Dutch newspaper De Volkskrant — which, by the way, is also the name of my old electroclash band — is reporting that Mitt Romney and Bain Capital subverted around $100 million in taxes by diverting money through the Netherlands in a delicious-sounding tax dodge called the Double Irish with a Dutch Sandwich…
The alleged tax route went as follows: Bain bought Irish pharmaceutical company Warner Chilcott in 2004, which was originally registered in Bermuda but had moved to Ireland in 2009 to avoid Barack Obama's tax crackdown. Two years ago, Bain registered its interest in Warner Chilcott with the private Dutch company Alter Domus. Under Dutch laws if a Dutch-registered company owns more than 5 percent of a company it is exempt from paying capital gains tax.
The total value of avoiding that tax is thought to be around 80 million euros, or $100 million. De Volkskrant reports that Romney himself was able to personally gain from the move, largely due to the fact that the majority of his income from Bain after 1999 came from capital gains. The tax system described by the article is so well-known it has its own name, a 'Double Irish With a Dutch Sandwich.'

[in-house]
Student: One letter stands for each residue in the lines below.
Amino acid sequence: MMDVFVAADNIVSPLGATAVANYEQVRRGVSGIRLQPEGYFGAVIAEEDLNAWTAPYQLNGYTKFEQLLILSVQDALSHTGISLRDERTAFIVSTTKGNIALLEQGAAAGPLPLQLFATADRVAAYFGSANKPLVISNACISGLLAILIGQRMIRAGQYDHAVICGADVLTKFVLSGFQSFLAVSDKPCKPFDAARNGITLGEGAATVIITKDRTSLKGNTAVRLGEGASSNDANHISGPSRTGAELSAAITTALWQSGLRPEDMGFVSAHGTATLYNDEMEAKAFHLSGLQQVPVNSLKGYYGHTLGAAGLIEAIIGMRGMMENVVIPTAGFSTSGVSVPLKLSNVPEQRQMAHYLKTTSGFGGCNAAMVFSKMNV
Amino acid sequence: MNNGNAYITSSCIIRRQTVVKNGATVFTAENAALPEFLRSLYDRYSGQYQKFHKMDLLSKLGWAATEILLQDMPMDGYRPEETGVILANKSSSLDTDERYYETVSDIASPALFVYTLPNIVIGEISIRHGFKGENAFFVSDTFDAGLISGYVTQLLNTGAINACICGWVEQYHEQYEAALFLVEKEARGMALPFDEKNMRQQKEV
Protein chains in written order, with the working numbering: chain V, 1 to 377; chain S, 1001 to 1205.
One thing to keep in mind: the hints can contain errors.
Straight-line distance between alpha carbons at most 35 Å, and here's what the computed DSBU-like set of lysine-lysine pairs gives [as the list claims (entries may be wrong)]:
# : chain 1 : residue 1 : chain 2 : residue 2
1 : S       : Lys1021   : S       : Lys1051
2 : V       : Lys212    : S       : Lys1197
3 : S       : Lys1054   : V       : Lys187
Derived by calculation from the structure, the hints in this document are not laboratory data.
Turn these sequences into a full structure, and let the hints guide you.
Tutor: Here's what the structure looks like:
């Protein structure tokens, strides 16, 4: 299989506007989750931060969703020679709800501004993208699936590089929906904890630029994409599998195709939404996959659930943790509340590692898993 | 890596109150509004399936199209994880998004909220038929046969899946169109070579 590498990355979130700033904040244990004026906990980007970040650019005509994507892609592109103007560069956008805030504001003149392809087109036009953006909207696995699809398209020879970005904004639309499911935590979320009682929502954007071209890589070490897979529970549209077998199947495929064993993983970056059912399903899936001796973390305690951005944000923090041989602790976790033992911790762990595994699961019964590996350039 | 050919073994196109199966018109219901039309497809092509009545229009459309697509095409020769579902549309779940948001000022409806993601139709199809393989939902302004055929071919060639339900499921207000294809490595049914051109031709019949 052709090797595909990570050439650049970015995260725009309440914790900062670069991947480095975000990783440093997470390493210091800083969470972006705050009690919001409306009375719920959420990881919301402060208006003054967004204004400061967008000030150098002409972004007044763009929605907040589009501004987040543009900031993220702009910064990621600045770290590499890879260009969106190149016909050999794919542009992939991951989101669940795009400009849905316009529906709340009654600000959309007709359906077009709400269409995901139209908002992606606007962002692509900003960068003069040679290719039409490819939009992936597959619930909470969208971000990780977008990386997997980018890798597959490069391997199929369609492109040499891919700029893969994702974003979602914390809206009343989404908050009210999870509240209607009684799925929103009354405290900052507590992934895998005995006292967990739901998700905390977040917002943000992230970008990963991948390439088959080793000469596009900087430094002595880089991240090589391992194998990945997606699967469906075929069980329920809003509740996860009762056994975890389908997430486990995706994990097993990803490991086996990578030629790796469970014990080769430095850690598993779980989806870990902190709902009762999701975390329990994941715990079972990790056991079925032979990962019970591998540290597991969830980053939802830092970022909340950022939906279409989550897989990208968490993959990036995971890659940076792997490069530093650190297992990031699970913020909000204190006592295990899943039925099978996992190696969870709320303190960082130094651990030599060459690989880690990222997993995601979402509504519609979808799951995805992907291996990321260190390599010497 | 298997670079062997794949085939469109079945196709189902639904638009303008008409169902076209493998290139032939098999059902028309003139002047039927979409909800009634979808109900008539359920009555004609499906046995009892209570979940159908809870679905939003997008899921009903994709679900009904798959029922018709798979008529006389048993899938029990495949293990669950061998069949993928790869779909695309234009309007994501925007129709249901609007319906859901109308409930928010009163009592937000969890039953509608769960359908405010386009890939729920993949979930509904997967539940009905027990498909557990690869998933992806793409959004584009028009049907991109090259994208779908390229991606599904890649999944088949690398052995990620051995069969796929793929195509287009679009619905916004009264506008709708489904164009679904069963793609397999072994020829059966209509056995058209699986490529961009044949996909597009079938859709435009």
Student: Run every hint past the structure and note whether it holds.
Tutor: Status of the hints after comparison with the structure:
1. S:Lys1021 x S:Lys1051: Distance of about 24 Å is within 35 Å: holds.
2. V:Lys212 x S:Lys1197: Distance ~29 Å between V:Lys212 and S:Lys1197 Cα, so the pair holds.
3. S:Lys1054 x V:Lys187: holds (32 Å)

Personally, as a, um… not "expert" exactly… What's the opposite of "expert"? A "moron," I think. Personally, as a moron on such matters, I feel as though this — being technically legal (I assume) and prohibitively confusing – probably wouldn't have affected Romney's campaign all that much. Especially since nobody really cared about the Cayman Island tax dodges that we already knew about. But, then again, I'm also the guy who said that nobody was going to care about Romney's "47 percent" comment. So, like I said, "moron."
At any rate, Romney lucked out in that this news didn't drop until the day before the election, and by now the majority of Americans appear to have already come up with plenty of other reasons not to vote for him.
Photo by Justin Sullivan/Getty Images News/Getty Images
Tags: Mitt Romney, Netherlands, Taxes